Our chef shortage has not gone away

The Chef Collab, a not for profit organisation aimed at helping to address the chef shortage in Ireland, visited Cork recently, KATE RYAN of Flavour.ie went along to find out more
Our chef shortage has not gone away
The recent ChefCollab at Sober Lane

IT’S a chilly Monday night. I should be tucked up in front of a roaring fire, but instead I am wrapped up against the winter chill and heading down along South Mall towards Sober Lane for a meal like no other.

Tonight, sustenance comes in the form of an experimental menu created by five talented young chefs from across Ireland, and mentored by some of our finest talented and experienced chefs. There is one menu, no table service, shared seating and one set of cutlery. Sober Lane is packed to the rafters, the place is buzzing and there is a definite sense of mischief in the air of being out, of all nights, on a Monday night.

This is The Chef Collab: a not for profit organisation built on a mentoring platform as a holistic approach to addressing the chef shortage in Ireland. It is about providing supports to up and coming chefs, to showcase their talent and skills and highlighting the positive experiences that can be garnered from working in an industry that so often has any little good news to shout about.

The chef shortage in Ireland hasn’t gone away; and restauranteurs are still tackling the enormous balancing act of providing a good working environment that encourages a positive work/life balance amongst their kitchen team against a background of rising ingredient prices, salaries, rents, rates and ever-increasing competition for diners hard-earned Euro’s. It is a relentless industry.

Every now and again someone comes along with a vision, the right attitude and a selfless drive to make a difference and change the pervading narrative. That person is Chad Byrne, head chef at The Brehon in Killarney, and the vision is The Chef Collab.

I guess you could say that collaborations and kitchen swaps are not exactly a new idea, but The Chef Collab has ditched the reverence and civility that usually attaches to such collaborative events in exchange for a no-holds barred, rollicking and raving approach instead.

Walking into Sober Lane that Monday evening can be best described as a deliriously hedonistic display of organised chaos. Any seating plan has gone out the window, “grab a seat anywhere you can and make yourself at home!” I am told.

There is no ceremony here. As I scrabble for a seat and hastily introduce myself to the other guests around the table, behind us a team of chefs are busy finishing the plating for the first course for everyone to see – no barriers, no hiding. As they plate, curious diners float up with their phones to take photos and slip away again. In the meantime, plates of canapes are doing the rounds and are gone as quickly as they come out. Cork is ravenous tonight!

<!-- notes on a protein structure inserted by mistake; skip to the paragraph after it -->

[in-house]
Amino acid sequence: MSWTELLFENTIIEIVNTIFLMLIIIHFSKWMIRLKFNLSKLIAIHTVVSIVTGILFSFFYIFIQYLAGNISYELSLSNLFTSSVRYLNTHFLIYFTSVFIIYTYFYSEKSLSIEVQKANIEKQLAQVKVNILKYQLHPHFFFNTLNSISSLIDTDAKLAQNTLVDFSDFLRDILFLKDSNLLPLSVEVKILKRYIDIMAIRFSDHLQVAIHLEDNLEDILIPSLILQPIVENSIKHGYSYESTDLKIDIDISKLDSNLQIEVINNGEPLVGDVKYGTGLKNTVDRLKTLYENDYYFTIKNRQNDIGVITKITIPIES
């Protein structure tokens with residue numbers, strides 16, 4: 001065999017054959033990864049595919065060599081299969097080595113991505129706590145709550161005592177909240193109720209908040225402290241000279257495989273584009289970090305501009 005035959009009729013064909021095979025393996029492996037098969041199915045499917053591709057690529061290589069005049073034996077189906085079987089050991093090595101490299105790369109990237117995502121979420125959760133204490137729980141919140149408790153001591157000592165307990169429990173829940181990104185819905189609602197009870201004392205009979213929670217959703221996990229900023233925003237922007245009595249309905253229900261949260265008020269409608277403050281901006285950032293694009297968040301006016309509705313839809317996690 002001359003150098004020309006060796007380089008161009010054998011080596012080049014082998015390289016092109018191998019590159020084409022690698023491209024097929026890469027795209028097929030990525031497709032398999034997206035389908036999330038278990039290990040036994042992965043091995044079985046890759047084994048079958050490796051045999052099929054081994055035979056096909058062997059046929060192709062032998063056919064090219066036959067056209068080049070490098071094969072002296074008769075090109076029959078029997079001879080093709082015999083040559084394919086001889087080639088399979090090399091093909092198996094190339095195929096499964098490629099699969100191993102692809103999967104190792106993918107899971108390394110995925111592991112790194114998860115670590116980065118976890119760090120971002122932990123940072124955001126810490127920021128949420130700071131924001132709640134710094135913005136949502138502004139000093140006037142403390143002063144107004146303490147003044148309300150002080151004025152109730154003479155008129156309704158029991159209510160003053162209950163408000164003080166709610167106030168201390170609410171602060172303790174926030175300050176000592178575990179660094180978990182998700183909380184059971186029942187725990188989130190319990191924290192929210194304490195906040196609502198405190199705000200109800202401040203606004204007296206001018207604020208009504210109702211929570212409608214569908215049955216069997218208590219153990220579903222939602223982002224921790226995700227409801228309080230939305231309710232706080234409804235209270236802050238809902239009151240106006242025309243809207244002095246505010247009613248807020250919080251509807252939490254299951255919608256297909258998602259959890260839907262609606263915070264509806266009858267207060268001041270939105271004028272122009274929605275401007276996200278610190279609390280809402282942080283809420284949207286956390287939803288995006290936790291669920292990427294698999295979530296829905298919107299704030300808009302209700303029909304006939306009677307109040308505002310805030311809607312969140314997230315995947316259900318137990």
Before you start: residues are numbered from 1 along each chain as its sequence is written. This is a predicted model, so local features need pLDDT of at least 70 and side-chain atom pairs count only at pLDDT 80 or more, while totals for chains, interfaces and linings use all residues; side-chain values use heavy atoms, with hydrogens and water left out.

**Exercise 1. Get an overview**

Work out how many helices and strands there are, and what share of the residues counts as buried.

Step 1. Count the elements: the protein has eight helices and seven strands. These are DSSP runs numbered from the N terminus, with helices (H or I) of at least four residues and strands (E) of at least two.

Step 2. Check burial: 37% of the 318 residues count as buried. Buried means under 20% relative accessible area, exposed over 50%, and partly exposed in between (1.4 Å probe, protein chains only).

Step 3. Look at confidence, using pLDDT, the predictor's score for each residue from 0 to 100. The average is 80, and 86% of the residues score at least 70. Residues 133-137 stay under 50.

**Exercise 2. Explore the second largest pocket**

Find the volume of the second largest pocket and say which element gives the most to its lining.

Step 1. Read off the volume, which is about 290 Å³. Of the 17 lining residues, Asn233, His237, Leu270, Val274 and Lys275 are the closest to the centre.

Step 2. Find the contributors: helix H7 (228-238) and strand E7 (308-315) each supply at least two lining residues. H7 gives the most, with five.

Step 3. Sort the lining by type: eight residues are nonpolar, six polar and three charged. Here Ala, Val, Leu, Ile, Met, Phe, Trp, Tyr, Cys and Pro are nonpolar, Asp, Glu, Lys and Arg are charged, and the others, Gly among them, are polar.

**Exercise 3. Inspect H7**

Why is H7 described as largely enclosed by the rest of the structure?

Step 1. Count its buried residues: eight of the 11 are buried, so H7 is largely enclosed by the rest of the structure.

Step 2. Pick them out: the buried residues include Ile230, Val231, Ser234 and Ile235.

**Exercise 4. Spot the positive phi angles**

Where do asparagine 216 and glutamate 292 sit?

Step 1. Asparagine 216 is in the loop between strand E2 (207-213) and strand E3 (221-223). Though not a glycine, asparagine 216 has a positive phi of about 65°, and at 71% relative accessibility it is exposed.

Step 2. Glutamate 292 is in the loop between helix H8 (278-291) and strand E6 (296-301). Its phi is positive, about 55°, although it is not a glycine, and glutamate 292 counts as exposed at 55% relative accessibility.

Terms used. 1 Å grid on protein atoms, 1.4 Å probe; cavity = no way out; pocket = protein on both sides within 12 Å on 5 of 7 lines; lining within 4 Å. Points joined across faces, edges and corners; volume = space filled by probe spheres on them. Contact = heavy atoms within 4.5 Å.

As food is served, we are introduced to the duo behind the course, mentor and mentee, each dish described to us. Sometimes there is a personal story behind the desire to make the dish; on the dessert assiette, the glazed apple mouse with burnt apple gel and ginger crumble biscuit was an homage to the chef’s earliest memories of cooking apple crumble beside his mom as a child. For many chefs, it is these memories of home cooking that lays the pathway for their later culinary careers.

The entire chef crew seem to relish breaking down the walls between kitchen and dining room. Junior chefs are head chefs while the head chefs themselves become teachers, cover front of house, serve food to guests, host and collect crockery. In an industry where strict adherence to rank, file and role is the order of every day, there was something rebellious about the evening: a sense of throwing out the rule book and going with the flow. And what better place to showcase a turning of the tables than the Rebel City itself?

If you haven’t guessed already, I had myself a very enjoyable evening. The next time The Chef Collab rolls back into Cork, and it is my fervent hope that his happens sooner rather than later, I encourage you to be quick off the mark about it and get your ticket sorted.



Roasted Carrot Salad, Cheese Curd, Thyme Crumb, Tarragon Mayo and Burnt Onion Powder (my favourite course of the night!)

Mentor: Paul Brogan of Forest Avenue, Dublin.

Chef: Yvonne Coughlan of Lake Hotel, Killarney.

Cod, Lemon Dressing, Egg Tartare and Pickled Slaw.

Mentor: Gaz Smith of Micheal’s, Co Dublin.

Chef: Daniel O’Sullivan, Trade House, Ballincollig, Cork.

Ham Hock and Chicken Terrine, Apple & Fennel, Roasted Apple Gel and Truffle.

Mentor: Alberto Rossi of InterContinental Hotel, Dublin.

Chef: Marcin of Rose Hotel, Tralee.

Crispy Pork Belly, Braised Jerusalem Artichoke, Crispy Squid, Chicken Winglet Jus.

Mentor: Gavin McDonagh of Gather & Gather.

Chef: Amy Ryan of Carriage House, Adare Manor.

Apple Mousse & Crumble; Jam Tart, Brown Bread Crisp, Torched Italian Meringue; Choux Bun with Chocolate and Caramel Ganache.

Mentor: Liam Kirwan, Montenotte Hotel, Cork.

Chef: Tadgh Crowley, The Brehon, Killarney.

Find The Chef Collab on Twitter and Facebook or visit www.chefcollab.com for news on upcoming events.

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